We can then use this function to calculate the charge of an entire protein at a specific pH given its sequence (as a string):

def proteinCharge(sequence, pH):
    protein_charge = aminoAcidCharge('N-terminus', pH)
    protein_charge += aminoAcidCharge('C-terminus', pH)
    
    for aa in pKa.keys():
        protein_charge += sequence.count(aa) * aminoAcidCharge(aa, pH)

    return protein_charge

Calculating a protein's pI

We have a function that calculates the charge of a protein at a given pH, but there is no inverse function to calculate the pH at which a protein will have a given charge (such as 0). One way to calculate pI is to plot the charge of a protein over a range of pHs, connect the points, and read off the graph.

For example, below is a graph of the charge of one of the human keratin proteins over a range of pHs. You can see that its pI is around 5. The graph also illustrates how the charge of a protein is buffered over the range of pH5 - 9.

Plot of keratin's charge vs pH

To get a more exact value for pI we can use a binary search algorithm. This is an interative method that narrows in on the answer until you are as close to a pI of 0 as you wish.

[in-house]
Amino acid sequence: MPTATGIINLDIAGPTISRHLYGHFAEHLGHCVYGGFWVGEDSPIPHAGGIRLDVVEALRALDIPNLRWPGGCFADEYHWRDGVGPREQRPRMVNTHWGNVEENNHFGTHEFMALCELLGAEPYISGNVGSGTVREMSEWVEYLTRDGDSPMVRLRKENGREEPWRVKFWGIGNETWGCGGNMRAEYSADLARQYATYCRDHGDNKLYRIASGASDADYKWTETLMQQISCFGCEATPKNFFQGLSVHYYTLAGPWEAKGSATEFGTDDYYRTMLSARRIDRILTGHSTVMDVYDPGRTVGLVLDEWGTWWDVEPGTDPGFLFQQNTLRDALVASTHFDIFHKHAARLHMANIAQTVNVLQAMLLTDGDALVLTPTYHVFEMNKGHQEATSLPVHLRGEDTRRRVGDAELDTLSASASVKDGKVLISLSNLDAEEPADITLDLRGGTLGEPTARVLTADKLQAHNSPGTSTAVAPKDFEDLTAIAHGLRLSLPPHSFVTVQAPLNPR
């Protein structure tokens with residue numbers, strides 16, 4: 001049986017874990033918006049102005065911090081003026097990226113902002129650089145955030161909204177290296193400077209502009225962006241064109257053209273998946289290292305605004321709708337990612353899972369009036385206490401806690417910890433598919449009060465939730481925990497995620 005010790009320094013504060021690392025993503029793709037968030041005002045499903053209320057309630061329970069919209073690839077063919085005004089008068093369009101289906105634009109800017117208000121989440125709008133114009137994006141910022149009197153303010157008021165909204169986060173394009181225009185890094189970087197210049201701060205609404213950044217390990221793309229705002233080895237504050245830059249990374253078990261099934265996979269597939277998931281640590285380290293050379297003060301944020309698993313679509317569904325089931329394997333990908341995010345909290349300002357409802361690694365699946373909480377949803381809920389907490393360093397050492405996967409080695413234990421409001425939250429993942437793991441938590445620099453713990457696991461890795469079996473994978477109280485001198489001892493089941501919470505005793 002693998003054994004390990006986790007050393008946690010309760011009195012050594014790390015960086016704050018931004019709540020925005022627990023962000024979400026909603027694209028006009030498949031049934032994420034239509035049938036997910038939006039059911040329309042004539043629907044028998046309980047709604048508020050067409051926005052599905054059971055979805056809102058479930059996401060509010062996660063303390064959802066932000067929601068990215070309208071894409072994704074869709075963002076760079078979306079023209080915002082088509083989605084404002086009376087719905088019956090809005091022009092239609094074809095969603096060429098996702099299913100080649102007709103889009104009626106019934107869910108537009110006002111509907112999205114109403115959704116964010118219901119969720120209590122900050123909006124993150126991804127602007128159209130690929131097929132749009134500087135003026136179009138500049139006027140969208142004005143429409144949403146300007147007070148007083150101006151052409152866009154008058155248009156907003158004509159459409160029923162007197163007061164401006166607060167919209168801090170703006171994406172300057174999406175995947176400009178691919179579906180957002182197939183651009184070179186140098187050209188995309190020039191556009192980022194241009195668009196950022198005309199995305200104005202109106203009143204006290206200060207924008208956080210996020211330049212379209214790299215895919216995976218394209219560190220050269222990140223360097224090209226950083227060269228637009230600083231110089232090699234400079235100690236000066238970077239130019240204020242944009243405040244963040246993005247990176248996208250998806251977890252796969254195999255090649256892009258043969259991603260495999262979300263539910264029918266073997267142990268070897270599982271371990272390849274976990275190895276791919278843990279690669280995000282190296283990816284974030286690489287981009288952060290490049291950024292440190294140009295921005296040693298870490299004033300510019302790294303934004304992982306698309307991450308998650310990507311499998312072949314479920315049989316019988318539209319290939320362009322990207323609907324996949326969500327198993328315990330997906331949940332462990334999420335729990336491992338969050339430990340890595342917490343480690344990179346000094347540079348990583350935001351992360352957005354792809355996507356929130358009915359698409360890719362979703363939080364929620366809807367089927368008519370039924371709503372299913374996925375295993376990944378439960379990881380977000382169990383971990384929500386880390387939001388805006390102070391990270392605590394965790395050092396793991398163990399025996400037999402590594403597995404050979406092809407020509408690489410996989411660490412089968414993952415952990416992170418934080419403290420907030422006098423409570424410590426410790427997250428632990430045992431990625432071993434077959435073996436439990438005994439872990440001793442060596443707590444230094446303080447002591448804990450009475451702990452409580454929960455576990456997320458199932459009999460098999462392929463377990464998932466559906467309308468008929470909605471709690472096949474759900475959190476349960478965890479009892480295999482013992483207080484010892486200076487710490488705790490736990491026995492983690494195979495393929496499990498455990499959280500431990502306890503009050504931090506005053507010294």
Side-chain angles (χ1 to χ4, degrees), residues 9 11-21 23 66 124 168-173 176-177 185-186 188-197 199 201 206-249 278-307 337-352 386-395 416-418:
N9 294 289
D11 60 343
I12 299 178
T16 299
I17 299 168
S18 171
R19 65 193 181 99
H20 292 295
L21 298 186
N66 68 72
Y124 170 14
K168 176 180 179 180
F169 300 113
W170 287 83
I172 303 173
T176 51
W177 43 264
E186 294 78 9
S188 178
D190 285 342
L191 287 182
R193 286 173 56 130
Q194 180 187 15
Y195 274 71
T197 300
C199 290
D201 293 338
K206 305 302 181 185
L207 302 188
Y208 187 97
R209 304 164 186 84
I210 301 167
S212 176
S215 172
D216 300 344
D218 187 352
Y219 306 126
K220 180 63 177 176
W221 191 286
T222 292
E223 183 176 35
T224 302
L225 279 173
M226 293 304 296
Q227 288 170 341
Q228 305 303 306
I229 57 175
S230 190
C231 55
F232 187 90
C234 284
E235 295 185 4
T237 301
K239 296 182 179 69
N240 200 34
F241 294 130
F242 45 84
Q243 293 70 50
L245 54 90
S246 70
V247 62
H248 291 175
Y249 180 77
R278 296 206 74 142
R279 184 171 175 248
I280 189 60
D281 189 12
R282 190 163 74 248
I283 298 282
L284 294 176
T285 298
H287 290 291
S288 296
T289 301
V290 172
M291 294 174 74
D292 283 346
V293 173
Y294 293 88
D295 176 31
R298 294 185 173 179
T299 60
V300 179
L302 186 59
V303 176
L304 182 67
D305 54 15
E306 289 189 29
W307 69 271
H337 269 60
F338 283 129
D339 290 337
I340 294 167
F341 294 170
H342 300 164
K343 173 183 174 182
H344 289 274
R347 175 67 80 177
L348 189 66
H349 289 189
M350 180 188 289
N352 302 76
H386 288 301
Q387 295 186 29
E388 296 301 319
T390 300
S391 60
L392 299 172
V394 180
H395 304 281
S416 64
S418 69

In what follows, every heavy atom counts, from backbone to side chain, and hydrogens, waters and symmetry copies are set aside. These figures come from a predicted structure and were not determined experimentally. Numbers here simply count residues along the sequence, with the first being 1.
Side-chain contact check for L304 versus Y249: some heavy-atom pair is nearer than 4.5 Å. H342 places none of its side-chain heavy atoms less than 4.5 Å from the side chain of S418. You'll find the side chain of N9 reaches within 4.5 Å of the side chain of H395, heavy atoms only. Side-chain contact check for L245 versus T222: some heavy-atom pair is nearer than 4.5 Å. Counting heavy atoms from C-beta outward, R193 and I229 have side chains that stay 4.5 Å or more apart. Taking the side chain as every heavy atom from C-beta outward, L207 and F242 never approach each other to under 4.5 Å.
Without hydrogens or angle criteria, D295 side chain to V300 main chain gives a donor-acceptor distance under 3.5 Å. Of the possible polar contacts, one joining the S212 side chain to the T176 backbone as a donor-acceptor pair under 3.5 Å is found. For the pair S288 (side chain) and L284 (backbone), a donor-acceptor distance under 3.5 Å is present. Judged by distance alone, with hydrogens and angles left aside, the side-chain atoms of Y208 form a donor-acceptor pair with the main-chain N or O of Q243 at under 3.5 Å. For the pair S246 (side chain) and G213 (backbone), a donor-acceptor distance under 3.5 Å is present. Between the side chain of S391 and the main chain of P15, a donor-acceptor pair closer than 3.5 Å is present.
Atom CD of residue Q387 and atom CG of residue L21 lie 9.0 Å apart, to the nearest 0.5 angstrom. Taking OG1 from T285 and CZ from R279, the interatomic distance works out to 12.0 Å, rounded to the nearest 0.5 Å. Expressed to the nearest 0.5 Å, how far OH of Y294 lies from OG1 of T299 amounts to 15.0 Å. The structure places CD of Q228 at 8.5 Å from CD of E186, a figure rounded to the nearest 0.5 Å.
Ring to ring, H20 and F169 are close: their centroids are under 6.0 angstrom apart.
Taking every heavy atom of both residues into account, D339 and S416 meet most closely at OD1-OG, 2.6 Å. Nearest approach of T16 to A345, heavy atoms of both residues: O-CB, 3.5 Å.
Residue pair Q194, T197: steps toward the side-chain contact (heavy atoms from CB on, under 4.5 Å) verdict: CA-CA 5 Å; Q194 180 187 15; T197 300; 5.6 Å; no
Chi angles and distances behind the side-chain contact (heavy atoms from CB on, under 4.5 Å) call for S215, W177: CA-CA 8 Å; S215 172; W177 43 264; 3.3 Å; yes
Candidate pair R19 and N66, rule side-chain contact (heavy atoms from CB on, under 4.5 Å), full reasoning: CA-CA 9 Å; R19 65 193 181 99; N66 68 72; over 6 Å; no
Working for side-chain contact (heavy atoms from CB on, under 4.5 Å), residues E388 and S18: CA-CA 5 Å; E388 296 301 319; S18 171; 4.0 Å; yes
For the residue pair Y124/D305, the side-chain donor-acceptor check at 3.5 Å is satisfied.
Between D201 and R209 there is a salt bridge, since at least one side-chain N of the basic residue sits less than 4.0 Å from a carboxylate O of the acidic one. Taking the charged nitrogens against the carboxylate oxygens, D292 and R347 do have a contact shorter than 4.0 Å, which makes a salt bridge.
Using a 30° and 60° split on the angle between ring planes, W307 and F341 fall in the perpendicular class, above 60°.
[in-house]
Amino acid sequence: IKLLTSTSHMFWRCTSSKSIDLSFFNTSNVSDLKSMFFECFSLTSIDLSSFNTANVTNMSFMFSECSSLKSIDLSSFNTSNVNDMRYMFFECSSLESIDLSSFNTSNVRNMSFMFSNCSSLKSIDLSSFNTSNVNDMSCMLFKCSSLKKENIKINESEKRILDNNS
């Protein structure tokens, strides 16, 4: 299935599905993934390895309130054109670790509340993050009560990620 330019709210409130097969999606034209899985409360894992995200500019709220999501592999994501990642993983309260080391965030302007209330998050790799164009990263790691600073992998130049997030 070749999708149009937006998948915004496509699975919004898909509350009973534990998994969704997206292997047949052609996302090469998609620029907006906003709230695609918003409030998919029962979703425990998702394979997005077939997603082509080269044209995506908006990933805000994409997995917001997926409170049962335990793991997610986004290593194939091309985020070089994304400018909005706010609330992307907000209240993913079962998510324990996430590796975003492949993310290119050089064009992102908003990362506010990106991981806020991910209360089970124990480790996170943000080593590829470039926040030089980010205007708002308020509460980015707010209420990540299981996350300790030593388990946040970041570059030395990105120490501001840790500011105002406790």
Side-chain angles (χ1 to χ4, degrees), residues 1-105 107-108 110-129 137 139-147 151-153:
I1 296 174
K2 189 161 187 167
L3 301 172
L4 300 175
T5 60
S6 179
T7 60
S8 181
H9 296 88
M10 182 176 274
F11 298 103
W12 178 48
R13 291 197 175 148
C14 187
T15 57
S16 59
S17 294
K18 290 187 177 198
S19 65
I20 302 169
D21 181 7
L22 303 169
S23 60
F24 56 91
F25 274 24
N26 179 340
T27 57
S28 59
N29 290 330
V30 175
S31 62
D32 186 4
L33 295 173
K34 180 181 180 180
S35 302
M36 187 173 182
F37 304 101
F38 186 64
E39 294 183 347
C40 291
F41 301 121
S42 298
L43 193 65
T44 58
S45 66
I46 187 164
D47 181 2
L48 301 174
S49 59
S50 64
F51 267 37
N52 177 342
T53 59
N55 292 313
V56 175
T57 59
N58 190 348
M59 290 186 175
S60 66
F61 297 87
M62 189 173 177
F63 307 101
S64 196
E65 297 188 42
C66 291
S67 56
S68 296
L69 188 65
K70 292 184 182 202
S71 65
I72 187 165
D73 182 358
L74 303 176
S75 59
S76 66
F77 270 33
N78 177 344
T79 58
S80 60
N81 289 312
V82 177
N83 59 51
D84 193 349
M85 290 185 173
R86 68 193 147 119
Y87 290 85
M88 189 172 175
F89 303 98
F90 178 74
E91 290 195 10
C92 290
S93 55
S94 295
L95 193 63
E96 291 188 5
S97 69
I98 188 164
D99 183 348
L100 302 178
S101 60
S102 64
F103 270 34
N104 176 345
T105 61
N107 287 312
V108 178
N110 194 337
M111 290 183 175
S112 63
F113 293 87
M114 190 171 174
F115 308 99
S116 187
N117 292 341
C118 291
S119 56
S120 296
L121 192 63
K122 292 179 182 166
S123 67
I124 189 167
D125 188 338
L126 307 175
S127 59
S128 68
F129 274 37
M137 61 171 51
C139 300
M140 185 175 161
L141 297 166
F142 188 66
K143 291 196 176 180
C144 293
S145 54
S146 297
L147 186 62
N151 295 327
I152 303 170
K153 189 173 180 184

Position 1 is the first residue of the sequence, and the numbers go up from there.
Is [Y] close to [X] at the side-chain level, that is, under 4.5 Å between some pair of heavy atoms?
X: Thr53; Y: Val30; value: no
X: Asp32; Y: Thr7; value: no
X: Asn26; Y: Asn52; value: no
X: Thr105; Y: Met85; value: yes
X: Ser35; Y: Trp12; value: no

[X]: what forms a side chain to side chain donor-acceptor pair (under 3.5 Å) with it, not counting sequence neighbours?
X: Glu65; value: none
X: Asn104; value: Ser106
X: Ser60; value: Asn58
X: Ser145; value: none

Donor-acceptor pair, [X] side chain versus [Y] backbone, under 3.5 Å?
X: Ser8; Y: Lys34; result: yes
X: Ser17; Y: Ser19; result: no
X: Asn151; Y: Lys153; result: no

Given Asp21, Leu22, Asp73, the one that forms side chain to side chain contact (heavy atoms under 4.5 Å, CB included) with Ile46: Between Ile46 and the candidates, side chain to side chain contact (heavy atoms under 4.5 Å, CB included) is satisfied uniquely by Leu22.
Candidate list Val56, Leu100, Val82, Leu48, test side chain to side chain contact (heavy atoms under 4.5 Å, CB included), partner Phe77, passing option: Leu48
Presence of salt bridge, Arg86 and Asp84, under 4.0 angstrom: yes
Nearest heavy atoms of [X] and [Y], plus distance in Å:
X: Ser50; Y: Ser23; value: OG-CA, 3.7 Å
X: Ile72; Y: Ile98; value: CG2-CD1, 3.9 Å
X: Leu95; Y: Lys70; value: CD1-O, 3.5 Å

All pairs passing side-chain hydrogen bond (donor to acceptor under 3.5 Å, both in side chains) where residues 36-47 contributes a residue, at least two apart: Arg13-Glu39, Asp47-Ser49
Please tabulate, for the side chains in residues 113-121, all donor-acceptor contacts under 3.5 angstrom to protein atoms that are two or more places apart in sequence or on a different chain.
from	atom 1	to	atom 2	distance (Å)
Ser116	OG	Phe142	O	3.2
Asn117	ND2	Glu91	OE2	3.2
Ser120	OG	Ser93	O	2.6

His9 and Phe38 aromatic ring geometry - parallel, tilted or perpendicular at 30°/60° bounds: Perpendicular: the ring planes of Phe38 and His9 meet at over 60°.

We start by finding the charge of the protein at the midpoint of a range of pH values.  I use pH 3 - pH 13 since all amino acids will be >50% protonated below pH 3 and all will be >50% deprotonated above pH 13. If the charge at the midpoint (pH 8) is negative, then we know that the pI must be between pH 3 - pH 8, so we test the midpoint of that range. If the charge is positive, then we test the range pH 8 - pH 13. We keep testing the midpoint of the ranges in which the pI must lie until we are as close to a charge of 0 as we want.

def isoelectricPoint(sequence, threshold):   
    min_pH, max_pH = 3, 13 

    while True:
        mid_pH = 0.5 * (max_pH + min_pH)
        protein_charge = proteinCharge(sequence, mid_pH)
        
        if protein_charge > threshold:
            min_pH = mid_pH
        elif protein_charge < -threshold:
            max_pH = mid_pH
        else:
            return mid_pH

The function above the implements the binary search for a given protein sequence and threshold. It predicts that the pI of human keratin is 5.3 (with a threshold of 0.5). There is no point attempting to get a more precise pI than this as the pKa values are only given to one decimal place, and will not be so accurate for amino acids within a protein anyway.

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predictPI.txt1.04 KB